UDT's, and a few swim pool type models. I cherish the old green gum
rubber Churchill fins. I am always on the lookout for another pair of
these. Owen Churchill was a genius.
11. Do you still ride a paipo?
Where do you surf and what boards do you ride?
gum rubber green Churchill fins with the Gardena P.O. Box stamp and
by Don Long.
Since I live in
Colorado, I fly fish in the summer and ski during the winter. David and
I are headed to Molokai in October of 2011, so I'll ask him to pack a
Black Sheep Paipo in with the body boards.
12. Any waves or surfs stand
out over the years?
Yes. Most people who
travel to Puerto Escondido never catch the cove breaking at Playa
Carrizalillo which is north of town. David and I caught perfect 4-6 ft.
clean left and right point break for 3-4 days in a row. The wave seemed
to alternate every few hours. I will never forget taking off a little
deeper than I should have on a huge spitting Puerto Escondido tubular
wave in the early 1990's, and "making it" out the other side. The wave
jacked up all of a sudden and turned into a speed run over the rocks
below. Dig in and pray you make it. I was deep into the Green Room as
they say. Time stood still. David was paddling out and witnessed my
most memorable ride ever. We still laugh about it.
13. Any other comments?
Hot tip for
collectors: I'd be buying up all the Romanosky Spoons (fiber glass) I
could get my hands on. They are piece of art and a kick to ride. I know
Steve Pezman, of Surfer's Journal, had Ron make him one before I moved to
I'd like to thank retired
Judge Robert Gardner for showing this kid from Iowa how to really body
surf when I moved to Corona del Mar in 1967. You could always find Bob
and his daughter Nancy at Little Corona Beach catching the best little
tube rides or skin diving the rocky shore line. I visited with him at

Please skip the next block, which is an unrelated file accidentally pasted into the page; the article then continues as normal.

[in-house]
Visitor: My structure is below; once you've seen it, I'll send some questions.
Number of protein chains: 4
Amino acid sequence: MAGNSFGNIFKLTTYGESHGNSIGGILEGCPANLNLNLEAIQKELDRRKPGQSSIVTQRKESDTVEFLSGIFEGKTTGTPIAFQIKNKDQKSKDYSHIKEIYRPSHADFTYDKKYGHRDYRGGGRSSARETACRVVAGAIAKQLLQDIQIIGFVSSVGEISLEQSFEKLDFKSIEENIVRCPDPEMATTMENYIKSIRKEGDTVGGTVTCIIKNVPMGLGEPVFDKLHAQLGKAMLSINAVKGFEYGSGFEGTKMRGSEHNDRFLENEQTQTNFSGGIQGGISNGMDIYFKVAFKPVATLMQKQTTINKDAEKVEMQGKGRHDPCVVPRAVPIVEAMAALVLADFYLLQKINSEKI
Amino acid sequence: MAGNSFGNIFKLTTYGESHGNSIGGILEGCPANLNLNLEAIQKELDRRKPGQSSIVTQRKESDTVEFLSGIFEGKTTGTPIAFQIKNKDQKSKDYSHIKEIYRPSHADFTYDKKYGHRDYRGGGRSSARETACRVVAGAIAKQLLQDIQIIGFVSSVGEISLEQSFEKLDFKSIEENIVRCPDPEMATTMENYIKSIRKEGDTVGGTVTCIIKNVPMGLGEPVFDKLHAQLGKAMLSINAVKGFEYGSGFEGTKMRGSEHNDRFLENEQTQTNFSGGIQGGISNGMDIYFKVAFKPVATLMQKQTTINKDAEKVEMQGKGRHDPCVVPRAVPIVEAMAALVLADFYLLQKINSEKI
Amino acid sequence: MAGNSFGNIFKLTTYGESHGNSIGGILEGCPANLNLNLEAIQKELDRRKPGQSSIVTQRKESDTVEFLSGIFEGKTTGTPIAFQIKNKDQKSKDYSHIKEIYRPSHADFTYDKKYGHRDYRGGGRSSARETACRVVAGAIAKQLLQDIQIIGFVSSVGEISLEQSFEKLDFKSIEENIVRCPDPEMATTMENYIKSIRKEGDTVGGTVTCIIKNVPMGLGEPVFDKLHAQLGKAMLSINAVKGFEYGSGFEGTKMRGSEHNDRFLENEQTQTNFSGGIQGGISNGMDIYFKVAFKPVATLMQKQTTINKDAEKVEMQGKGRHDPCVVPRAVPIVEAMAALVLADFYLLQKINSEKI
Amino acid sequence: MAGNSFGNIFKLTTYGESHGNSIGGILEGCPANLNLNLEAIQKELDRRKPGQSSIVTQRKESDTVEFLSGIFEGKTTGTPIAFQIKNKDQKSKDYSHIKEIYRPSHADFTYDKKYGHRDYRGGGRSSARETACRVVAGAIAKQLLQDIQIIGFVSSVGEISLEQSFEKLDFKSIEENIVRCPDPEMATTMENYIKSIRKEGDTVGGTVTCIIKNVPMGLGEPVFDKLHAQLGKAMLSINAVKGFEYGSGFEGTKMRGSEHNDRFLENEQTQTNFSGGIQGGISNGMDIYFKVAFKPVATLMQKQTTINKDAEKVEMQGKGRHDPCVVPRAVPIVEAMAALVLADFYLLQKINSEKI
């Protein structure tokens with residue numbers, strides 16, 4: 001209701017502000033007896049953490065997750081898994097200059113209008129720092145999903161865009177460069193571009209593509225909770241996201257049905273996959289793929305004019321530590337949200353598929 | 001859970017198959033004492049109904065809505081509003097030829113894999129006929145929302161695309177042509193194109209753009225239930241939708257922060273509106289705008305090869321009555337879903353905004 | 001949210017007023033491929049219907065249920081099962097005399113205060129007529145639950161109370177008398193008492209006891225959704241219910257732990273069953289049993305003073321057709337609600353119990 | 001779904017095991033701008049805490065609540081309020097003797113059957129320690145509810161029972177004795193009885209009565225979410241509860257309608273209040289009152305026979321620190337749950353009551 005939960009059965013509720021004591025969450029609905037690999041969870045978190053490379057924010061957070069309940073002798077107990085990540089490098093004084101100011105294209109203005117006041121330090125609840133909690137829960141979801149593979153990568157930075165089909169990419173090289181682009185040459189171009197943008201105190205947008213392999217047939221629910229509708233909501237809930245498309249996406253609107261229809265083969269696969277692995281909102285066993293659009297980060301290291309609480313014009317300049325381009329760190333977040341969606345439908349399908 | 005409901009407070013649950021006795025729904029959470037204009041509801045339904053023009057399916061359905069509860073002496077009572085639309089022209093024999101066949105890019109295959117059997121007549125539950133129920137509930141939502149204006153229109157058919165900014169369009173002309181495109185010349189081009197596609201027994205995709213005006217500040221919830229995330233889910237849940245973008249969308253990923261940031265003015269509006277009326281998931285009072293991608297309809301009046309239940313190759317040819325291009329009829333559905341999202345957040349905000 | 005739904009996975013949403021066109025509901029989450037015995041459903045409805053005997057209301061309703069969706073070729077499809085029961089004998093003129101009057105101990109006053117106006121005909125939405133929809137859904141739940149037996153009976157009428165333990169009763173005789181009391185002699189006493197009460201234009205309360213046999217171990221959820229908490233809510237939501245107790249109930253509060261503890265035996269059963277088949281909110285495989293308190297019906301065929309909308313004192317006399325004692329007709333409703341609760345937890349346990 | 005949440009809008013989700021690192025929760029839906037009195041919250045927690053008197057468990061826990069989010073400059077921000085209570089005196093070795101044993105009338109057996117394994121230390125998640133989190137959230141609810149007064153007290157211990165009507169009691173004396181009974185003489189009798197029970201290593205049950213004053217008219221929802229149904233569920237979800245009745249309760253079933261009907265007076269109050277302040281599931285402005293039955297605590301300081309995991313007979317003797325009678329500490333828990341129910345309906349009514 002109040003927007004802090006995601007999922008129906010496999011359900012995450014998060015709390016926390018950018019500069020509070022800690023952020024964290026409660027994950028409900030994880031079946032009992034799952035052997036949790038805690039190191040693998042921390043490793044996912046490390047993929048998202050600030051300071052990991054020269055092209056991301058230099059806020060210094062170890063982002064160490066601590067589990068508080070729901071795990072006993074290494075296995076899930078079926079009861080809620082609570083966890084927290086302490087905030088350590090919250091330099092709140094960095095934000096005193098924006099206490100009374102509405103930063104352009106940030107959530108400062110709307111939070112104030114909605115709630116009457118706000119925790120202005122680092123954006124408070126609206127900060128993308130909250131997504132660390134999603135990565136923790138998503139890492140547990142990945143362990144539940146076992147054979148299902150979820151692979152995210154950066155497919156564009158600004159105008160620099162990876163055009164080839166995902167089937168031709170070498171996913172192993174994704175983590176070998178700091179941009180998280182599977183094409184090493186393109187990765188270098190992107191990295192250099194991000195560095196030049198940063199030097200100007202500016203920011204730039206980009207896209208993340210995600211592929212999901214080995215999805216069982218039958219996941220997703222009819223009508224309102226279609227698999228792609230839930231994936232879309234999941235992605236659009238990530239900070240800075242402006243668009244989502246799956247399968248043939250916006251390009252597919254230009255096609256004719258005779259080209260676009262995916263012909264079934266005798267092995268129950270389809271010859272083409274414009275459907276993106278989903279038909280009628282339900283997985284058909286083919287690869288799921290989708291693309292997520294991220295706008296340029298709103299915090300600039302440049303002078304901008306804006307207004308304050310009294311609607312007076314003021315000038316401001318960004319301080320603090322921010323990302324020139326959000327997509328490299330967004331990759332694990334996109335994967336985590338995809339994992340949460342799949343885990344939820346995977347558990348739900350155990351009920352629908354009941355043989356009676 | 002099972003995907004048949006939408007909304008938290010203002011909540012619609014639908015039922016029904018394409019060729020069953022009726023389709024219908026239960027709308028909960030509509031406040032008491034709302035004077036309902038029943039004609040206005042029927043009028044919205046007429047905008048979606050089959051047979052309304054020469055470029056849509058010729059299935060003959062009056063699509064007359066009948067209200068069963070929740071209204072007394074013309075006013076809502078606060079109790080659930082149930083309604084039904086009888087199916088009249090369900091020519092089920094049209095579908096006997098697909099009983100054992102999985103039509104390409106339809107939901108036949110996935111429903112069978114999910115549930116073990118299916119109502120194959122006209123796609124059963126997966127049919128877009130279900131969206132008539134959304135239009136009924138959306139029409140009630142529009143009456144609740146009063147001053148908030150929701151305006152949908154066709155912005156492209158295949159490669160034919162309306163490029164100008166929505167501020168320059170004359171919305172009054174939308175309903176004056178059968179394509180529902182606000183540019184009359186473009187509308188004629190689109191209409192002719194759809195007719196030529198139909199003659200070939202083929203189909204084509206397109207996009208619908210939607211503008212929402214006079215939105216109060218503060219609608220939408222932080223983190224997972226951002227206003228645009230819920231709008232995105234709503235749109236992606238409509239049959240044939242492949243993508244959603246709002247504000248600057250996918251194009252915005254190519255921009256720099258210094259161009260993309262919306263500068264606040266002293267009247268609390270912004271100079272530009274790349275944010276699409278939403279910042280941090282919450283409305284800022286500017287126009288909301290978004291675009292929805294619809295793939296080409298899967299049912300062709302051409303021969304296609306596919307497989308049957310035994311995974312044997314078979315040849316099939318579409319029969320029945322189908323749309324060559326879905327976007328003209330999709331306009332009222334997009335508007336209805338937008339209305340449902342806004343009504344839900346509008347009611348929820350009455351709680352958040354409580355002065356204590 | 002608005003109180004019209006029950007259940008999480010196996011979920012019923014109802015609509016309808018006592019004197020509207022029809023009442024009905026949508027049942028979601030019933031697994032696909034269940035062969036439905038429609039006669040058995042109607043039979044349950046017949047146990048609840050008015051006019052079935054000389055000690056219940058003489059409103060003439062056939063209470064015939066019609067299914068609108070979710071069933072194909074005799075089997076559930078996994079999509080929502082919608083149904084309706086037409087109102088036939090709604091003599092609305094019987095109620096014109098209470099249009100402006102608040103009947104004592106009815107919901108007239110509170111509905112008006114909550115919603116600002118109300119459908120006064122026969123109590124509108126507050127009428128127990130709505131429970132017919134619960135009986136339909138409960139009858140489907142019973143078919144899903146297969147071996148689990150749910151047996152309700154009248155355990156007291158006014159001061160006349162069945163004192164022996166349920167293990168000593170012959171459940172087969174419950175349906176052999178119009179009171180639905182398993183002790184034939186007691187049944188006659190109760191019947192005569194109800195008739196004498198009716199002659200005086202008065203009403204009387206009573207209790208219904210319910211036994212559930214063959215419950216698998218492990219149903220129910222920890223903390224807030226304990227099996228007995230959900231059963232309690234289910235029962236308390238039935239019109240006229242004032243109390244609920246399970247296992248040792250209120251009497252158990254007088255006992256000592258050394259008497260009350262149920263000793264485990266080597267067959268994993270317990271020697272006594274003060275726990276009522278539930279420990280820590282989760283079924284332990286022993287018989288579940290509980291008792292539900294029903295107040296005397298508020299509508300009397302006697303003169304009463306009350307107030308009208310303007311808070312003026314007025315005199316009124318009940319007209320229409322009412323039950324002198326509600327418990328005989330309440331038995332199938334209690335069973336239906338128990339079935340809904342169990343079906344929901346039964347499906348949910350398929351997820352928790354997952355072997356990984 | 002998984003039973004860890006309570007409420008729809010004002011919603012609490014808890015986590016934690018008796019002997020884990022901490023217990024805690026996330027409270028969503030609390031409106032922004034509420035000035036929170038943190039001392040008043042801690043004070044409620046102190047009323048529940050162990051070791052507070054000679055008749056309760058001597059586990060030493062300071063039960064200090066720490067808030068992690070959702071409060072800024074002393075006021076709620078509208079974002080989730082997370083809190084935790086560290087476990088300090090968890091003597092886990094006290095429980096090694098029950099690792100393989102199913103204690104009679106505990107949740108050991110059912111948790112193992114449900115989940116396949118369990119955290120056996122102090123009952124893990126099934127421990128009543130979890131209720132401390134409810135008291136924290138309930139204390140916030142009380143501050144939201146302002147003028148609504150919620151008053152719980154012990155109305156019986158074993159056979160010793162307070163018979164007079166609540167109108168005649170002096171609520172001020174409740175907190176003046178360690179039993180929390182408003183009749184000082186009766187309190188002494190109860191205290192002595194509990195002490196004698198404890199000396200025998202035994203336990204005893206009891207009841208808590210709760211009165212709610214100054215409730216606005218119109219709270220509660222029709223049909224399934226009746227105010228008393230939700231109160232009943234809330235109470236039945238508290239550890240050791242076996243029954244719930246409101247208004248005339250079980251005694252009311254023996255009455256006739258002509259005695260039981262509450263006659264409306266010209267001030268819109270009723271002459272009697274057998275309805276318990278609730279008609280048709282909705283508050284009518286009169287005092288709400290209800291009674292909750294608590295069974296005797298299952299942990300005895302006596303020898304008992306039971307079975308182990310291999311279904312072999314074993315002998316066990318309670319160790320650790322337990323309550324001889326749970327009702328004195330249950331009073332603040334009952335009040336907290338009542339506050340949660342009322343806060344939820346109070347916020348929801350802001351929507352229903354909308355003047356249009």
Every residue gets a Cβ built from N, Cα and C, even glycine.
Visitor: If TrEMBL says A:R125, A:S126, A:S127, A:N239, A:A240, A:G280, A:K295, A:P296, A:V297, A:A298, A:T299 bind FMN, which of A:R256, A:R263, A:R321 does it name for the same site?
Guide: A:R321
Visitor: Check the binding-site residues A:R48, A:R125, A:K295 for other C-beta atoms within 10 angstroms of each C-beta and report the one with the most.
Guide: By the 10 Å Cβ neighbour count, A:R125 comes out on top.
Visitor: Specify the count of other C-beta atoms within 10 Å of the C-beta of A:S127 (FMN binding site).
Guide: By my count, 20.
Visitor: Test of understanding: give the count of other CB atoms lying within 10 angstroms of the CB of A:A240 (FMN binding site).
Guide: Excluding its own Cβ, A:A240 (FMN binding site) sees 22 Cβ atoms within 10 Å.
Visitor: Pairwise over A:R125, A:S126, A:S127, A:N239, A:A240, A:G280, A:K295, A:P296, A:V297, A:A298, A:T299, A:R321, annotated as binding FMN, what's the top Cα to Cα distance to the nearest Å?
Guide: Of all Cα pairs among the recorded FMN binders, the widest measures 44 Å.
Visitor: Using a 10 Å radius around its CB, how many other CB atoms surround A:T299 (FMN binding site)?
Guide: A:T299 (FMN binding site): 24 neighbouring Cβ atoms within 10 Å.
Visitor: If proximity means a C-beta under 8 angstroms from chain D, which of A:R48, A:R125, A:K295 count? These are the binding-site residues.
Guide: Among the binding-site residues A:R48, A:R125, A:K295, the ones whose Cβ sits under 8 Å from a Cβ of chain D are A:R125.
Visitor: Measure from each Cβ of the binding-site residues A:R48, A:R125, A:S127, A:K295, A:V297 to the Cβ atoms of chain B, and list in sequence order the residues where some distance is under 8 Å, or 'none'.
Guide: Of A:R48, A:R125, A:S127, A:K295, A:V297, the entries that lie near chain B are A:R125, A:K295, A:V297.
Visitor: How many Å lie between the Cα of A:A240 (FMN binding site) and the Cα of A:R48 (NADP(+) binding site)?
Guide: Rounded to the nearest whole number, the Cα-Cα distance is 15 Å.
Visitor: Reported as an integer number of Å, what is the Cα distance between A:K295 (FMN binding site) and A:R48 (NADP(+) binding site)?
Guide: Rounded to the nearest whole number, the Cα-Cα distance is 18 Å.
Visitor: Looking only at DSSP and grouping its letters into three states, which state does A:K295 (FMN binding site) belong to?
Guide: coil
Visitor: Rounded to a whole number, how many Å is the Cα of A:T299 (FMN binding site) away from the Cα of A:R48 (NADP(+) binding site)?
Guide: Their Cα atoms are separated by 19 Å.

his residence in 2001, and told him how much his advice had influenced
my career in law enforcement. He presented me with one of his very last
copies of his purist book, The Art of Bodysurfing. I understand Bob
passed on in 2005, at the age of 93. I am certain he is catching perfect
waves in heaven with his old friend, John Wayne.
A 13-year-old David Long on the left and Australia's "Wingnut" on the right.
courtesy Don Long.
Don's son, has been riding a boogie board for many years. In more
recent times he has been riding one of Rick Boufford's Black Sheep
paipo [see Note 2]. A few words from David
Bob Green: David,
I read that you also ride paipo. I'd also be interested to hear about
your experience riding a paipo and what you enjoy about it.
Being a body boarder
and body surfer the vast majority of my life, it was a smooth
transition to the paipo. No other vehicle provides you with such a
natural sensation as you're cranking a bottom turn into a wedging
section. It's quite a kick in the ass watching heads turn in the
lineup, trying to figure out what the heck you're riding.
In Southern California, I
have found the coves of Laguna to be best suited for paipo riding, as
well as Point Mugu. My old man got me into it years ago when we used to
take his Greg Noll egg out and let 'er buck. Good times!
David B. Long, 34, Santa
David at Wedge.
by Ron Romanosky.
David Long on his 1960s Wind N Sea paipo -- sequence at Pt. Mugu, CA.
by Ron Johnson.
Guy and Kevin Lewis with their vintage Morey collection
Photo courtesy Kevin Lewis.
Note 1: Guy was a high school teacher in Califronia, a
college championship swimmer, and also held long distance swimming
records while an over-55 competitor in southern CA open-ocean swimming
events. He lost a leg to a blood clot, had medical complications, and
died a few days later. A prince of a man.
Note 2. See the
Black Sheep Paipo Interview with Rick Boufford.